solitude-455768

I don’t know where to begin. Life has been such a roller coaster and I don’t know when it is going to stop.

To preface, I am LDS.

At least, I think I am . . . I’m not so sure anymore.

I am on the brink of abandoning everything I thought I knew to be true. I was born to a LDS family (and by born into, I mean my mother was baptized a year prior to my birth, so I didn’t have some massive church-based heritage) in a staunchly conservative nation that is primarily Catholic/Christian. My family was a traditional family where we had my father, the Patriarch, and my lovely mother by his side. I was raised alongside an older brother and a younger sister – raised in a very heteronormative environment: at home, at school, in the community, and especially in the church.

I knew that I was attracted to guys from a very young age – even before adolescence. It wasn’t some sort of big revelatory experience for me. My struggle was always just trying to fit in, trying to be “normal”. Society did not allow for gay children . . . especially in the church.

Growing up as a member of The Church of Jesus Christ of Latter-Day Saints, I was always taught about eternal families, about happiness coming from families — you know, the kind where you have a man and a woman and a couple of kids (or 12). That’s where I always felt scared. I always felt I was out of place. You see, there is nothing in God’s plan about homosexuality. Nothing specific, at least. Nothing said by Jesus Christ himself, and nothing in the Book of Mormon, “written for our day.”

Sure — read, pray, follow the commandments, and you’ll get blessings, all matching to some law “irrevocably decreed in heaven”. Everyone else got specifics like, marry in the temple, be worthy of a temple marriage, get married, have children. But I have to live my life in the shadows (Lord forbid people find out I was a gay practicing Mormon, nothing is worse than that), and the only thing I kept hearing about my case is that as long as a gay person follows the commandments, eventually he’ll be rid of his homosexual desires!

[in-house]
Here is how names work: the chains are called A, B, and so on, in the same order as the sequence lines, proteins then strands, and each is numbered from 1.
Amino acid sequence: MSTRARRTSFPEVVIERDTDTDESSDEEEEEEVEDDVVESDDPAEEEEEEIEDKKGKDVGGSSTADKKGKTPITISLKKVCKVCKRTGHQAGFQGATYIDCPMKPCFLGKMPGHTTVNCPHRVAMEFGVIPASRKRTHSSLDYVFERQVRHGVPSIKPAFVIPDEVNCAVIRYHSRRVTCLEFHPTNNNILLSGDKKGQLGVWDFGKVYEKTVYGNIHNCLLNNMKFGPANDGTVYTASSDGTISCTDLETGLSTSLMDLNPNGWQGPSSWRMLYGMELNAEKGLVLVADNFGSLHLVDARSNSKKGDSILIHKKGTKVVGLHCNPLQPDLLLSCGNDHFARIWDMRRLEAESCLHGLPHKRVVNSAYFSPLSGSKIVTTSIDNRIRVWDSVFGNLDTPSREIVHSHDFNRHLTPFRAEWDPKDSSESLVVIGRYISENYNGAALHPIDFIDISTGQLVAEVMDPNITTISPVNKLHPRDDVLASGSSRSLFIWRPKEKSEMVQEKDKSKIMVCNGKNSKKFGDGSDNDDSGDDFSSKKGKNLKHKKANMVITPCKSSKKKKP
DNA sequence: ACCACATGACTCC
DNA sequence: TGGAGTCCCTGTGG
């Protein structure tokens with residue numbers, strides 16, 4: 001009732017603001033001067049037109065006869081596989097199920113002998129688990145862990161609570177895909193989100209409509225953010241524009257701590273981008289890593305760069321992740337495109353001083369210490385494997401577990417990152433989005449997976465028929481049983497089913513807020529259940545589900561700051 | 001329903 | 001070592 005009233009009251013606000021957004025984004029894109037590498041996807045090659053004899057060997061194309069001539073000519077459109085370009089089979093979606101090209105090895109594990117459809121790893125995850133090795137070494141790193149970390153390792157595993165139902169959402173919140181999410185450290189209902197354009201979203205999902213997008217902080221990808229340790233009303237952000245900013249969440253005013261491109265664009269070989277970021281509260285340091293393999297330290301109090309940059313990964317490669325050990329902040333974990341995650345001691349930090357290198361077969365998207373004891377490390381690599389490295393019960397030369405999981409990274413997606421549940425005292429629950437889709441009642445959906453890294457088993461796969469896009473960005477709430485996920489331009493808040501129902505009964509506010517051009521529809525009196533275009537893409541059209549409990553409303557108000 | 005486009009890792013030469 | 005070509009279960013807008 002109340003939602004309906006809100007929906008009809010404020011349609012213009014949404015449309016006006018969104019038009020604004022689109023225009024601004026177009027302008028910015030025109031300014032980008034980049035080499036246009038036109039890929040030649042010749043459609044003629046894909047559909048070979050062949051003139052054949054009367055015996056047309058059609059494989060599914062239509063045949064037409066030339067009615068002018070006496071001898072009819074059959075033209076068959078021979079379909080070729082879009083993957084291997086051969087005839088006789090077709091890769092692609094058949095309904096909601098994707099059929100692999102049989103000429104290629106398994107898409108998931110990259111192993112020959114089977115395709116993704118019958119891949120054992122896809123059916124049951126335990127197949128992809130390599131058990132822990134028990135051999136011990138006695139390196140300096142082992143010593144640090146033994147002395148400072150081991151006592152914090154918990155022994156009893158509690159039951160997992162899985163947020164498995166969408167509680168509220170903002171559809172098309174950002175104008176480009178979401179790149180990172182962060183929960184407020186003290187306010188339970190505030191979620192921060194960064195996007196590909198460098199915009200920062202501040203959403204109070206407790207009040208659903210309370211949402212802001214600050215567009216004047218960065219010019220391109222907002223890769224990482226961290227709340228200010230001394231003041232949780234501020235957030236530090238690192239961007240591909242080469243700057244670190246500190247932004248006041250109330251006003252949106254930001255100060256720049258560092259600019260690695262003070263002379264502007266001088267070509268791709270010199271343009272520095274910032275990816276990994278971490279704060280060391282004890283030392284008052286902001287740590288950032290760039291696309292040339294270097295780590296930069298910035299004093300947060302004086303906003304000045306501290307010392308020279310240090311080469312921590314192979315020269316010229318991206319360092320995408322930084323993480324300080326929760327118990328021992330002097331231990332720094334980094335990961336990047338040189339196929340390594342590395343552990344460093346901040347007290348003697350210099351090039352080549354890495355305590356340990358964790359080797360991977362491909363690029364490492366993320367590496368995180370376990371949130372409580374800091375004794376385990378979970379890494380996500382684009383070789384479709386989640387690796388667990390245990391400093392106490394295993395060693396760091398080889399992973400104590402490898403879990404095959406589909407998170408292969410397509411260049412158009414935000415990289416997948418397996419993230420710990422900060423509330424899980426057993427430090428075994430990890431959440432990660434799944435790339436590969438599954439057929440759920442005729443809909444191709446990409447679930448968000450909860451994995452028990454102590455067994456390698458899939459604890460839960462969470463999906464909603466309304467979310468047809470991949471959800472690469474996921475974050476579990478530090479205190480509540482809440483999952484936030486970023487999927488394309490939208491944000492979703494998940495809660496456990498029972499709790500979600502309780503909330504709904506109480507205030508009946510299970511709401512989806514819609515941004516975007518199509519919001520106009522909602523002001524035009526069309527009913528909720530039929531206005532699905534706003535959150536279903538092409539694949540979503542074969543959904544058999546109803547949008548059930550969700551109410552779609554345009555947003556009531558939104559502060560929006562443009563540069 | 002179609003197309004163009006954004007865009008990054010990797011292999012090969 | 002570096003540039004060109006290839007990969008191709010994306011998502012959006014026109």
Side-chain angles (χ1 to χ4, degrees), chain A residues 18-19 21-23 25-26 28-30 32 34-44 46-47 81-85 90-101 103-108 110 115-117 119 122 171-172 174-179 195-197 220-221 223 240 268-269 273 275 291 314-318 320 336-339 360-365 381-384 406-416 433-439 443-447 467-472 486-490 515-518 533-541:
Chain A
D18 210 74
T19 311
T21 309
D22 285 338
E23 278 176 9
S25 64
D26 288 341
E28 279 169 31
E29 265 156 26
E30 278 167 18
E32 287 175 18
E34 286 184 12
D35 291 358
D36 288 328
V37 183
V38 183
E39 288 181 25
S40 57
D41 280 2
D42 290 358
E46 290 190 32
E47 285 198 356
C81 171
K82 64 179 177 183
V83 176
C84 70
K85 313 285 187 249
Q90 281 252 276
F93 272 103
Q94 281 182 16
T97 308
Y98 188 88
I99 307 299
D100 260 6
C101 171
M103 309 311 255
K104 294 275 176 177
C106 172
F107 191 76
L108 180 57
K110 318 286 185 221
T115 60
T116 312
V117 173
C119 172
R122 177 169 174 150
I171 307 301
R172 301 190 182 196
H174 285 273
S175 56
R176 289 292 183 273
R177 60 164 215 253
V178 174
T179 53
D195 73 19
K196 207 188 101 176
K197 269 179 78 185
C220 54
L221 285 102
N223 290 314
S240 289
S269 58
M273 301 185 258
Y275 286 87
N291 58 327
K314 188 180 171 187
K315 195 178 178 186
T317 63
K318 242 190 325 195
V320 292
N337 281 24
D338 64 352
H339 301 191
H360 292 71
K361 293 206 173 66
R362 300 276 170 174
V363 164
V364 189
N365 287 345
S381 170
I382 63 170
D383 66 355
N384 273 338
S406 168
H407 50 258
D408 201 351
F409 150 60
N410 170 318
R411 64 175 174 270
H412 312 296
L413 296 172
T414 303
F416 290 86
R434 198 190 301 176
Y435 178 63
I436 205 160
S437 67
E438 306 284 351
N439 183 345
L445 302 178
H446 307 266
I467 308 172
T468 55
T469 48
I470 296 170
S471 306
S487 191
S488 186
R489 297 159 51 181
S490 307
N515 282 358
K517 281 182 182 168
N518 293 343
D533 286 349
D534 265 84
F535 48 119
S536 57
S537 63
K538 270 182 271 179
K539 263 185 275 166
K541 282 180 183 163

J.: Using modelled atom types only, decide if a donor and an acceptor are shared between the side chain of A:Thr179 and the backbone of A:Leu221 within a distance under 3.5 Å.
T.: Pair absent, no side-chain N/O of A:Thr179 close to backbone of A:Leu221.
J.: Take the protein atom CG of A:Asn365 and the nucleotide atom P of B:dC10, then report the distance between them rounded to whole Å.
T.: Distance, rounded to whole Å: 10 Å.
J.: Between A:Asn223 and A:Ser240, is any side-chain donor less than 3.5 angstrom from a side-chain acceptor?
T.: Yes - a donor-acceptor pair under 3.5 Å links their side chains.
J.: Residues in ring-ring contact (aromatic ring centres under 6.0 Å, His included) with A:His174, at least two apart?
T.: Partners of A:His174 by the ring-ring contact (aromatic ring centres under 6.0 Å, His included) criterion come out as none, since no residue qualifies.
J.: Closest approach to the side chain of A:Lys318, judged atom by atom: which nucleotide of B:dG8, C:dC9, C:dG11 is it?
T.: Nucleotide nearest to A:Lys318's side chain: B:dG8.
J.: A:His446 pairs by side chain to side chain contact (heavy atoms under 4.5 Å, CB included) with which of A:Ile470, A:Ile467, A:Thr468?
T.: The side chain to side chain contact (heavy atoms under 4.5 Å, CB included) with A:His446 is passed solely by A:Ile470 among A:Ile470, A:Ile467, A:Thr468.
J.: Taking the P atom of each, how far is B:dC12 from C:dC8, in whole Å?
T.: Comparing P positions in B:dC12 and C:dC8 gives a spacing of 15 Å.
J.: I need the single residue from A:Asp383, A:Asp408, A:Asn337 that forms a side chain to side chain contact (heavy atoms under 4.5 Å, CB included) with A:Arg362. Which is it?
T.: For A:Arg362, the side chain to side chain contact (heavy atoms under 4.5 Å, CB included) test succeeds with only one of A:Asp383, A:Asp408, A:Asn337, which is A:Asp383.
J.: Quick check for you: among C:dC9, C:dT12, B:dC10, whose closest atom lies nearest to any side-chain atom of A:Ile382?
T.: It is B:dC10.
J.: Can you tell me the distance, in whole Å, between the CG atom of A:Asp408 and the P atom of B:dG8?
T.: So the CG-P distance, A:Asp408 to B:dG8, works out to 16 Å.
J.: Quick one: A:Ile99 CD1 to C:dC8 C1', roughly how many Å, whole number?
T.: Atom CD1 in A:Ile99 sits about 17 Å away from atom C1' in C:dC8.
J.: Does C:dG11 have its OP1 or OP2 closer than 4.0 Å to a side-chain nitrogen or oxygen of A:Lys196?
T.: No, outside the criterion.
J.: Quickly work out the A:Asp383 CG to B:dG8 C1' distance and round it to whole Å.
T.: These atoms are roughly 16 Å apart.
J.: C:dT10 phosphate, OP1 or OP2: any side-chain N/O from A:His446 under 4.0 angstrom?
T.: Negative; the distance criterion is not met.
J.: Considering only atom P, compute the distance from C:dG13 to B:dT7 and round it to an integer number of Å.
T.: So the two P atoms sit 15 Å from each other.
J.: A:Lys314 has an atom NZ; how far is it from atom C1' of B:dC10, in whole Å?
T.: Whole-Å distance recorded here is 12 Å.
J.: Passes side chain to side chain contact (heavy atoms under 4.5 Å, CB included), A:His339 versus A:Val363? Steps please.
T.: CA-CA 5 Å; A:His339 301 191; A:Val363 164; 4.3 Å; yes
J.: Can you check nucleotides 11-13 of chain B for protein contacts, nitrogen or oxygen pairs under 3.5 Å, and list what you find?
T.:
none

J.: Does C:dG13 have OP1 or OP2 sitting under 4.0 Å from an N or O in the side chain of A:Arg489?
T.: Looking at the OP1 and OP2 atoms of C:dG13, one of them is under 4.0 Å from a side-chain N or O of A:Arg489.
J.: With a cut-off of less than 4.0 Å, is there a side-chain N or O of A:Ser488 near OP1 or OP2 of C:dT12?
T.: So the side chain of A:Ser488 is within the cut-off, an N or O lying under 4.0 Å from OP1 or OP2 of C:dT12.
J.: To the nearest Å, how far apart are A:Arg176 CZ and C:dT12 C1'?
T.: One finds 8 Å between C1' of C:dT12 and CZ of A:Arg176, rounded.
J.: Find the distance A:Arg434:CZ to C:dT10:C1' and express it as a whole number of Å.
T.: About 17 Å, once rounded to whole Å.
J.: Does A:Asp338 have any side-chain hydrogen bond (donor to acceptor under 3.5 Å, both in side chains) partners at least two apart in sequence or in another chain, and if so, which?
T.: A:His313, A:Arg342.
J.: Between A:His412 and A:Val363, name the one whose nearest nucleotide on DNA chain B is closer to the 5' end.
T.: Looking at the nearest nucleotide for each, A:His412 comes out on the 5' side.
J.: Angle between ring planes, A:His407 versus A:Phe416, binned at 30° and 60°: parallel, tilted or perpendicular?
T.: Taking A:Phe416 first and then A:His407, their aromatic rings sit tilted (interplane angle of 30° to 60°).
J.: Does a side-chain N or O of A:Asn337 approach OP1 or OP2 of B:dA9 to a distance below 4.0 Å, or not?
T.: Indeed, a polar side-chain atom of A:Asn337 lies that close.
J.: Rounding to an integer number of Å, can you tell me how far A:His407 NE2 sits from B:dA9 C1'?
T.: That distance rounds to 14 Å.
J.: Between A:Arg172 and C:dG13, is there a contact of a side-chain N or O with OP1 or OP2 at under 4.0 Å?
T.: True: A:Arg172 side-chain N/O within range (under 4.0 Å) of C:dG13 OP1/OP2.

Woah! Yay. Awesome.

Except I probably have to wait until I’m dead. So, that means I have to live the rest of my life unable to love and be loved in return (in the romantic, passionate sense) — something that everyone yearns for and wants in their life. Something so intrinsically beautiful to mankind . . . unless you’re gay.

You see, I’ve always wanted a family. I always fancied myself being a father. Granted, that picture in my head was always one where I would either be alone raising some kids, or with another man who I loved and could grow old with. So this ate at me until I left on a mission. I loved my mission. I loved the people I taught, but I was still distraught about the idea that I will never be happy for the rest of my life.

I’ll probably have to wait until I’m dead.

After my mission I decided to go to BYU-Idaho. Big regret. Aside from the cheap tuition, it is not worth being here for someone like me. I face challenges every day that have just worn down on me — so much so that I suffer from manic depressive episodes coupled with near-crippling anxiety. The same fears are always being brought back and triggered by talks about dating, and dating, and marriage, and dating. Oftentimes I hear people talk about us gay Mormons and hear things like, “If they’re gay, why are they here?” Or “I would punch my roommate if I found out he was gay” or ” Gay students are just taking advantage of cheap tuition (ha, this one is partially true for me)” or other hateful things like that.